The Cincinnati Bengals hold the fifth overall pick in the 2021 NFL Draft, and contrary to recent rumors, quarterback Joe Burrow isn’t insisting that the team reunite him with his former LSU teammate Ja’Marr Chase.
It’d make sense for Burrow to lobby Cincinnati for his favorite target from college, especially since Chase is among the best receiver prospects in recent draft history. However, the Bengals are coming off a 4-11-1 season and have a decent receiving corps in place already, which may lead to a different first-round draft pick.
Joe Burrow keeping it professional as Bengals form draft strategy
Pro Football Network’s Trey Wingo reported a text message exchange he had with someone in the Bengals organization, which suggested that Joe Burrow isn’t pining for Chase:
I can tell you that I got a text today from a member of the Bengals coaching staff that said, ‘I’ve seen that out there. Not sure where that came from. That’s not Joe, that’s not how he is at all. He gives us great intel on LSU guys but is respectful of his role as a player and ours as coaches and scouts.Trey Wingo on Joe Burrow’s reported lobbying for Ja’Marr Chase in 2021 NFL Draft
The links between Burrow and Chase are obvious, of course, but the precocious signal-caller fared extremely well as a rookie even with fellow classmate Tee Higgins and an aging A.J. Green among his top receiving options. Higgins had a stellar 2020 campaign, and Tyler Boyd developed a strong rapport with Burrow.
In addition to Chase, though, star Alabama wideouts DeVonta Smith and Jaylen Waddle are considered worthy of being top-10 picks, as is endlessly talented Florida tight end Kyle Pitts. The temptation will be there for Cincinnati to give Burrow another premium weapon.
Don’t be surprised if the Bengals go in an entirely different direction, though — and for good reason.
Bengals may prioritize protecting Joe Burrow over adding a playmaker
Even the most casual NFL fan knows that Burrow’s maiden pro season got cut short by a major knee injury. Although Burrow has expressed optimism about returning to the field for Week 1 in 2021, it won’t be an easy objective to achieve.
The bottom line is, the offensive line that largely failed to protect Burrow must get better. That means Cincinnati is likely to either draft Oregon product Penei Sewell or Northwestern’s Rashawn Slater with the fifth overall pick.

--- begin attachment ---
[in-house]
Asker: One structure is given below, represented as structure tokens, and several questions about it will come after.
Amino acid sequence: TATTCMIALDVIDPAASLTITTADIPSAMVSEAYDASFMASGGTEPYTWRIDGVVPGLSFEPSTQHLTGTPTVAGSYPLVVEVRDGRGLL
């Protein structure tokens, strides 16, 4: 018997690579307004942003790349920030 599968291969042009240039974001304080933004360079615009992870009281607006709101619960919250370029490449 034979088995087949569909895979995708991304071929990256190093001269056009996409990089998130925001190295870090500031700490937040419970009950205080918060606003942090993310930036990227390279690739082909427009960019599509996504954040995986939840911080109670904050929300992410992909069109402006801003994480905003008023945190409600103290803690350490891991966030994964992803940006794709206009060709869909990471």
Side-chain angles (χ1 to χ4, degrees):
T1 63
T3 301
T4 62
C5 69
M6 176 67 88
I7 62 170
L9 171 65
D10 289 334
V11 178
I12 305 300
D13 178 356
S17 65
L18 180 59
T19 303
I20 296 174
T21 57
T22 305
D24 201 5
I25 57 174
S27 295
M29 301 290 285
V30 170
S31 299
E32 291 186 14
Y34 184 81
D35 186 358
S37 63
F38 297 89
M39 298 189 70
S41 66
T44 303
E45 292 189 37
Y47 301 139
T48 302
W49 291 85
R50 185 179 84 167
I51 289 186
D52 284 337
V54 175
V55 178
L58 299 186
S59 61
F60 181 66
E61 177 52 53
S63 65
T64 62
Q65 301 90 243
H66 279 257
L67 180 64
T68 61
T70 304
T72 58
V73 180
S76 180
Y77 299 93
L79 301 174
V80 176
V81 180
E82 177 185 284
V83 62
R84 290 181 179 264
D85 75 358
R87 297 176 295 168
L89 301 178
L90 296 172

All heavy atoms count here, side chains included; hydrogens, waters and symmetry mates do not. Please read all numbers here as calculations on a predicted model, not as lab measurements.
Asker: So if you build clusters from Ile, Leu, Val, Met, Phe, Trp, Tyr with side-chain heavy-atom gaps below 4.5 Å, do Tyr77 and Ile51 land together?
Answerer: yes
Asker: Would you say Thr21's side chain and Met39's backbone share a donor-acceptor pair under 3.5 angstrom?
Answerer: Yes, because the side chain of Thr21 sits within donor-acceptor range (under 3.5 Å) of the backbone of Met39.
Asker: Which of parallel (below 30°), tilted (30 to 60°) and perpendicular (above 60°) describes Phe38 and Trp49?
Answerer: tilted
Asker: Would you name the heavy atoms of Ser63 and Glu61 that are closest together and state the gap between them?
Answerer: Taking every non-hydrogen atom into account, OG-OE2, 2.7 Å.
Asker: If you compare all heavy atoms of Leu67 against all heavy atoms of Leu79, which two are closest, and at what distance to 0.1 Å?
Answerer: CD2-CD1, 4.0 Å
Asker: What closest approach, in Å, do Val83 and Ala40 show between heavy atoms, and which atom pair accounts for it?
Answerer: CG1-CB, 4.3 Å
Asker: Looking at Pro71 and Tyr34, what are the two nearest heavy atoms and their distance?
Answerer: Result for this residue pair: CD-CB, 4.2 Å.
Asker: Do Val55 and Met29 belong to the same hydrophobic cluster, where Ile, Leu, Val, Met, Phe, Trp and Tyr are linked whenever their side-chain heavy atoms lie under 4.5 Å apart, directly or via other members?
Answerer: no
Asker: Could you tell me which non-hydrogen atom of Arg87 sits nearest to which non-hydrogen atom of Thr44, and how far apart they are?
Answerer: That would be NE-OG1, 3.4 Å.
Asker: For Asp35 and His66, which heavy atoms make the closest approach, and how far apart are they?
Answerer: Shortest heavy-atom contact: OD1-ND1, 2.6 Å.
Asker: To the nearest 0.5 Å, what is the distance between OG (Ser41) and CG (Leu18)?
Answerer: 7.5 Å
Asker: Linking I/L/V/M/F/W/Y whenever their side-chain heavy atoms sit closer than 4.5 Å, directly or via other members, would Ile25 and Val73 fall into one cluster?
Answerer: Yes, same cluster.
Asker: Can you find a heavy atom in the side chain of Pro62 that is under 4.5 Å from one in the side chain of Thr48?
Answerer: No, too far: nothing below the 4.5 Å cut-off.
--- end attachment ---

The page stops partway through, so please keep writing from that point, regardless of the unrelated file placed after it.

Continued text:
In a perfect world, the Bengals would love to reunite Burrow with Chase and also absolutely guarantee he’d be protected better, but Sewell and Slater have such high floors as prospects. As the draft wears on, Cincinnati’s expectations from a rookie in the trenches have to be realistic.
Both Sewell and Slater project as instant starters. There’s a chance that the Bengals could trade down with a team that needs a quarterback and take Slater instead of Sewell, because the team does have two capable offensive tackles already in Jonah Williams and Riley Reiff. Slater seems more suited to slide inside to guard in the NFL.
Perhaps once the offensive line is adequately addressed, Cincinnati can try its luck with a pass-catcher in the second or third rounds. There’s thought to be considerable depth to the 2021 wide receiver class. Even if those Day 2 prospects don’t have the upside Chase has, Burrow seems like the type of QB who can elevate the skill players around him.
With three quarterbacks going off the board to kick off the 2021 NFL Draft, it’ll be utterly fascinating to see how the rest of the first-round action unfolds. The Bengals are at the center of that intrigue, and how they choose to build around Burrow will go a long way in determining how successful they can be with him while he’s under his rookie contract.